So you walk on over to the store, leisurely, swaying a bit from side to side — for there's never any real rush for kelp tea.
You get the the kind in the tin, because it's fancy and you've never had it before.
You take the little pouch out of the tin and crack it open. There's a little spoon, too, to scoop just enough into your hot water. (You pretentiously put a real gourd nearby for effect.)
You realize that kelp powder tea is really soup so you pour it from your tea cup to a lacquered miso bowl. You drink noncommittally. You think, "Now I'm drinking kelp powder tea."
A little later you're hungry. So you say in a loud voice: "What I could really use right now are some bone crackers!"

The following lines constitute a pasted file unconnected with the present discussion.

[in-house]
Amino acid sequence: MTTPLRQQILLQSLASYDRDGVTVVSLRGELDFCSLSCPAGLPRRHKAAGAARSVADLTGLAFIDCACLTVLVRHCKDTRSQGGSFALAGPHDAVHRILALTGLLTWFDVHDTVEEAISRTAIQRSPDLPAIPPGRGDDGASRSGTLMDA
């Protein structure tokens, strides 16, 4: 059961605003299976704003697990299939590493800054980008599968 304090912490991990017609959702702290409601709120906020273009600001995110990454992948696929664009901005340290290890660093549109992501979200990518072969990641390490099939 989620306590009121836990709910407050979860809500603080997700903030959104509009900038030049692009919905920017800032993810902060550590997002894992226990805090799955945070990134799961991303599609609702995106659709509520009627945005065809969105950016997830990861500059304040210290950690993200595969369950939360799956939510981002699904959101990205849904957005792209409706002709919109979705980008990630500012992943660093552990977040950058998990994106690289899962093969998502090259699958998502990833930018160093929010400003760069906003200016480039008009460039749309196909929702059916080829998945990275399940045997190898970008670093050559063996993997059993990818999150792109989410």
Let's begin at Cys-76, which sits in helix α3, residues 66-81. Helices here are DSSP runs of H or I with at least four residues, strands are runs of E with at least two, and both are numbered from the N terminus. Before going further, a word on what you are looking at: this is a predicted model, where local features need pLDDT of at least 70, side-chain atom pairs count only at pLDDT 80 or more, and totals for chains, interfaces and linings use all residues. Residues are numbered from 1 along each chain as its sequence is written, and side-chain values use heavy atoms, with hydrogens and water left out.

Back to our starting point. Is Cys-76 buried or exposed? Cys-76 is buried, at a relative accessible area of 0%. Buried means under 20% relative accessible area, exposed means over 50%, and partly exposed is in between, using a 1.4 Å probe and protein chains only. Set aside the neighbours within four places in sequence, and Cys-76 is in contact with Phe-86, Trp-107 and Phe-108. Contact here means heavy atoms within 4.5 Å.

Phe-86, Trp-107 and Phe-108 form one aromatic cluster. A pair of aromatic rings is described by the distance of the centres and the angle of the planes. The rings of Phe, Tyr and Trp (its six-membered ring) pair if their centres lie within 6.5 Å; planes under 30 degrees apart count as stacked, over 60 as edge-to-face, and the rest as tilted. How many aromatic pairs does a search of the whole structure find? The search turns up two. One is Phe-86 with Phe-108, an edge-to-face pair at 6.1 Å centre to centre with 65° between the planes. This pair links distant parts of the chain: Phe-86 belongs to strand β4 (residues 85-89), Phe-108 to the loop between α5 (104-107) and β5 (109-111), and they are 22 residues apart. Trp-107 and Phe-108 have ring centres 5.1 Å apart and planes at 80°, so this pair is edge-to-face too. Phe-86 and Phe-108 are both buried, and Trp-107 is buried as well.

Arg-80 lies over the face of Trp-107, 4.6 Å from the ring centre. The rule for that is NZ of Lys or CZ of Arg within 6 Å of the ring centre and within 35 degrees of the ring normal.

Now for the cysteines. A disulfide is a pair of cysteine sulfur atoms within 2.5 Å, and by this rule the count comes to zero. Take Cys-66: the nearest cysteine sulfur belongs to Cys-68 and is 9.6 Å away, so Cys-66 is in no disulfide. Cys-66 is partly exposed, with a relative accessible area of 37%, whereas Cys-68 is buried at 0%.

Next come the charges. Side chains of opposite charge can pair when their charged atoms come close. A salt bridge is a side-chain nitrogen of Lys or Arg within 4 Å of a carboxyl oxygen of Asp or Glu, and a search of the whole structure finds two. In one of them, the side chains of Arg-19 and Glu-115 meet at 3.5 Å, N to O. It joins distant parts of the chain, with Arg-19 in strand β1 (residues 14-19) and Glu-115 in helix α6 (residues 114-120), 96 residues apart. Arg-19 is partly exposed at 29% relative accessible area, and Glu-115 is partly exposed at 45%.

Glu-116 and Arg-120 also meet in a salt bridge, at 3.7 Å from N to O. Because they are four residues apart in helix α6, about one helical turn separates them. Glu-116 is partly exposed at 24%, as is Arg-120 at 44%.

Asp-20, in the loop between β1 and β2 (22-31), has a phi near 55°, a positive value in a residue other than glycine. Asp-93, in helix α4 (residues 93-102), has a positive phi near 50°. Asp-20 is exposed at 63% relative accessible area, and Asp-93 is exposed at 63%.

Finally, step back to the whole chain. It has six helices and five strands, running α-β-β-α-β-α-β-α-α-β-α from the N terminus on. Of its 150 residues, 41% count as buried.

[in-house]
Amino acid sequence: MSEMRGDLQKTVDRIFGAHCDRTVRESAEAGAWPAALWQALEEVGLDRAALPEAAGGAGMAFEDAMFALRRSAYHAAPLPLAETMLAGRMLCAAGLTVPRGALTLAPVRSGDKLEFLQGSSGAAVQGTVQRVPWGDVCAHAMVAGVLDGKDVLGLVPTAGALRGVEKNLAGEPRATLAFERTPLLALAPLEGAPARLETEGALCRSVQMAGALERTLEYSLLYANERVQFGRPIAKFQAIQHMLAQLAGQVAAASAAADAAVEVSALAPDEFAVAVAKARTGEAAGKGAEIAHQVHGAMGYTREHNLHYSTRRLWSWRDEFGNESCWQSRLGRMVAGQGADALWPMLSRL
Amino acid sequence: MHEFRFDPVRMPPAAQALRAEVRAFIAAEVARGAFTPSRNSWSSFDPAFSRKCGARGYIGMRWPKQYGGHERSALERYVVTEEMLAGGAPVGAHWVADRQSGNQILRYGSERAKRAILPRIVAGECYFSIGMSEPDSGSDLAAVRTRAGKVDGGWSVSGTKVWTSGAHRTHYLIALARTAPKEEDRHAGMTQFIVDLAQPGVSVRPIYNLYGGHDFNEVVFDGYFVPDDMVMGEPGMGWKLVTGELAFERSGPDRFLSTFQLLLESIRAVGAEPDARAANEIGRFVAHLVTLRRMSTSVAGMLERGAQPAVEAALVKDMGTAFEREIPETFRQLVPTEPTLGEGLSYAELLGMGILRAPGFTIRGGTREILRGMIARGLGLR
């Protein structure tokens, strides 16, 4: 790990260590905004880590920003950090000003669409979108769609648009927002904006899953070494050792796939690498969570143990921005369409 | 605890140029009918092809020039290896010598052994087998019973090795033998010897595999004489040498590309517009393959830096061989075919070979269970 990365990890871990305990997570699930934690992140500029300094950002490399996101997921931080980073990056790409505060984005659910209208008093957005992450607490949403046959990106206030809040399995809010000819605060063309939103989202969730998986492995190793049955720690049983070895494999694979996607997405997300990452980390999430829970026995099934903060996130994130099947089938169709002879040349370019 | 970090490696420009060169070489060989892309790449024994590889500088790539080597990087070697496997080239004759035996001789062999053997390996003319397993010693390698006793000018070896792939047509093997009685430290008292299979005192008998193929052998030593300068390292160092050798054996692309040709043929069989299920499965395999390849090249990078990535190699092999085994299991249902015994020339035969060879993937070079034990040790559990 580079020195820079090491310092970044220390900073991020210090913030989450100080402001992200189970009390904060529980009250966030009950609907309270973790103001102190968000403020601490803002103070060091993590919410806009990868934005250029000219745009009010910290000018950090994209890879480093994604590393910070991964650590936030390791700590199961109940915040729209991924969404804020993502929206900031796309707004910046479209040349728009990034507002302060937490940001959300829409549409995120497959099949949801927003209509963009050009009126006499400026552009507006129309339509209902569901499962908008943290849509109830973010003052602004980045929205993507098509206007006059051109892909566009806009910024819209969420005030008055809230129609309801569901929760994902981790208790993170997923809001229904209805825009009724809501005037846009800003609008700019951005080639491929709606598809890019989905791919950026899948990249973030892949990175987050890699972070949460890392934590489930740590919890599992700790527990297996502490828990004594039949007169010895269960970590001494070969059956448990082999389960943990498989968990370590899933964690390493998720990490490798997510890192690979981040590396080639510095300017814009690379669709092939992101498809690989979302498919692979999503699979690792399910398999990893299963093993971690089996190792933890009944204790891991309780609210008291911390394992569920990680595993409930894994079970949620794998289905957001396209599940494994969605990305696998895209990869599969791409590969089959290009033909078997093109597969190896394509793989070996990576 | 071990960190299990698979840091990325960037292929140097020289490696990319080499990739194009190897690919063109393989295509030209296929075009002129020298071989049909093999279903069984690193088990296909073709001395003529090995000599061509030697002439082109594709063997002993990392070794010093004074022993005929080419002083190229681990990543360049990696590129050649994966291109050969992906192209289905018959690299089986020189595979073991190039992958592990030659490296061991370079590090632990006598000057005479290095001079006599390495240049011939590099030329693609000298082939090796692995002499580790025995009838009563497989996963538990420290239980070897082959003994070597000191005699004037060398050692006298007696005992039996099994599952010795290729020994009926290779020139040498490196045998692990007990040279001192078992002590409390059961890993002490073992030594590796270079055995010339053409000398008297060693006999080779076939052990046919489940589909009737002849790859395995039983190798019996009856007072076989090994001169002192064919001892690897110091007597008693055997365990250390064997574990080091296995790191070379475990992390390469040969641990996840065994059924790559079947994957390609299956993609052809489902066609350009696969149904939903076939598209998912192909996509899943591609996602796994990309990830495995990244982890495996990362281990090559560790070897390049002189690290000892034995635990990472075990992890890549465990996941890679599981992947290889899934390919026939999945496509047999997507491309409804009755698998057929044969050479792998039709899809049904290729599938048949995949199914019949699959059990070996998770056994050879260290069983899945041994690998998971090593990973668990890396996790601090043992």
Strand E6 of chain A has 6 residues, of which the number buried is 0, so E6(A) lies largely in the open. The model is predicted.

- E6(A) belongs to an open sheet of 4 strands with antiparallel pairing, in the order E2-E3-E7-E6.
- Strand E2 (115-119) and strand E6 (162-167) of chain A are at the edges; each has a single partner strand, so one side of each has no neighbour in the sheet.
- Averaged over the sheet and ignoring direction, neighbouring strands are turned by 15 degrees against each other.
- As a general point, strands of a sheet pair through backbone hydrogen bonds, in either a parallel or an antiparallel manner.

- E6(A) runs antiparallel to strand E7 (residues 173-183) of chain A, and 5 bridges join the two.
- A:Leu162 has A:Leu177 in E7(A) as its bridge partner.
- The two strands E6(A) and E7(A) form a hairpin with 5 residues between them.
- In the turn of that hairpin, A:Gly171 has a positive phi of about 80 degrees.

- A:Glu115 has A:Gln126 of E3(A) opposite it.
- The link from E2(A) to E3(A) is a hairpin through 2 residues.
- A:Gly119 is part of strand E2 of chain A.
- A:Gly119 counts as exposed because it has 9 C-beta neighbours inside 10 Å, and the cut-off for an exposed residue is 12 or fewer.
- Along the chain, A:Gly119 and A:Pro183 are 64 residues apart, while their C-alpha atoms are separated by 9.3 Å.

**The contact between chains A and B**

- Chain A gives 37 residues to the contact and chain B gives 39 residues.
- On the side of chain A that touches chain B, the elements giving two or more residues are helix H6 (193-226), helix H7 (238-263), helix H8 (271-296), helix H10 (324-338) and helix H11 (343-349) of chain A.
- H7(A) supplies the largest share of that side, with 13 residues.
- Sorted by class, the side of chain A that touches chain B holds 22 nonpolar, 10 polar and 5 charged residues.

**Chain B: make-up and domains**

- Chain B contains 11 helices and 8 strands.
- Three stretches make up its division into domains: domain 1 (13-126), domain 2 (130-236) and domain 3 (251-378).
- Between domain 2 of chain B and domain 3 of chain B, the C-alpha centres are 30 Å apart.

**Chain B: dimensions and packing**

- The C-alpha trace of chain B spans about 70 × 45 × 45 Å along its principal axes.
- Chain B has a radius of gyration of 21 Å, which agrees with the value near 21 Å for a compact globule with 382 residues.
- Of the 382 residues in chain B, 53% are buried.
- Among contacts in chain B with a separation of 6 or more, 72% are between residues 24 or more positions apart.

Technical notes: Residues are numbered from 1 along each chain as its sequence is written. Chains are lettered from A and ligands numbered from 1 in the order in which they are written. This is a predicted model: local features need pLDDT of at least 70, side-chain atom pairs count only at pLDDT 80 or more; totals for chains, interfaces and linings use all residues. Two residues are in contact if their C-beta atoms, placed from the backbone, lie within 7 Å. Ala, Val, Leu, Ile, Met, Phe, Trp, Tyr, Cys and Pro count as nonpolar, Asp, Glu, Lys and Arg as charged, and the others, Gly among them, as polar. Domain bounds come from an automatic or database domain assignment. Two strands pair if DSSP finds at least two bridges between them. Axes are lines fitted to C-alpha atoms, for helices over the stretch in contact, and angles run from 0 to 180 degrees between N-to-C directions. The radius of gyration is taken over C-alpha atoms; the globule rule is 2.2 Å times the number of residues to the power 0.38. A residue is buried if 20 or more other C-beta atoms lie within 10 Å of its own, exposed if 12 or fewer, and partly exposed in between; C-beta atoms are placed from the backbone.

You recruit your friends and you go to a kaitenzushi.
You sidle up to the bar, smacking your lips. You blurt out: "Hone senbei!"
Those same fish, hirame, you saw hanging from the posts at the pier yesterday. Everyone nods.
You eat, plucking different brightly colored dishes off the rotating conveyor belt, Tokyo style, no chopsticks.
After a while you decide you've had enough. The kelp tea taste is still with you, briny and insidious. The sea inside you.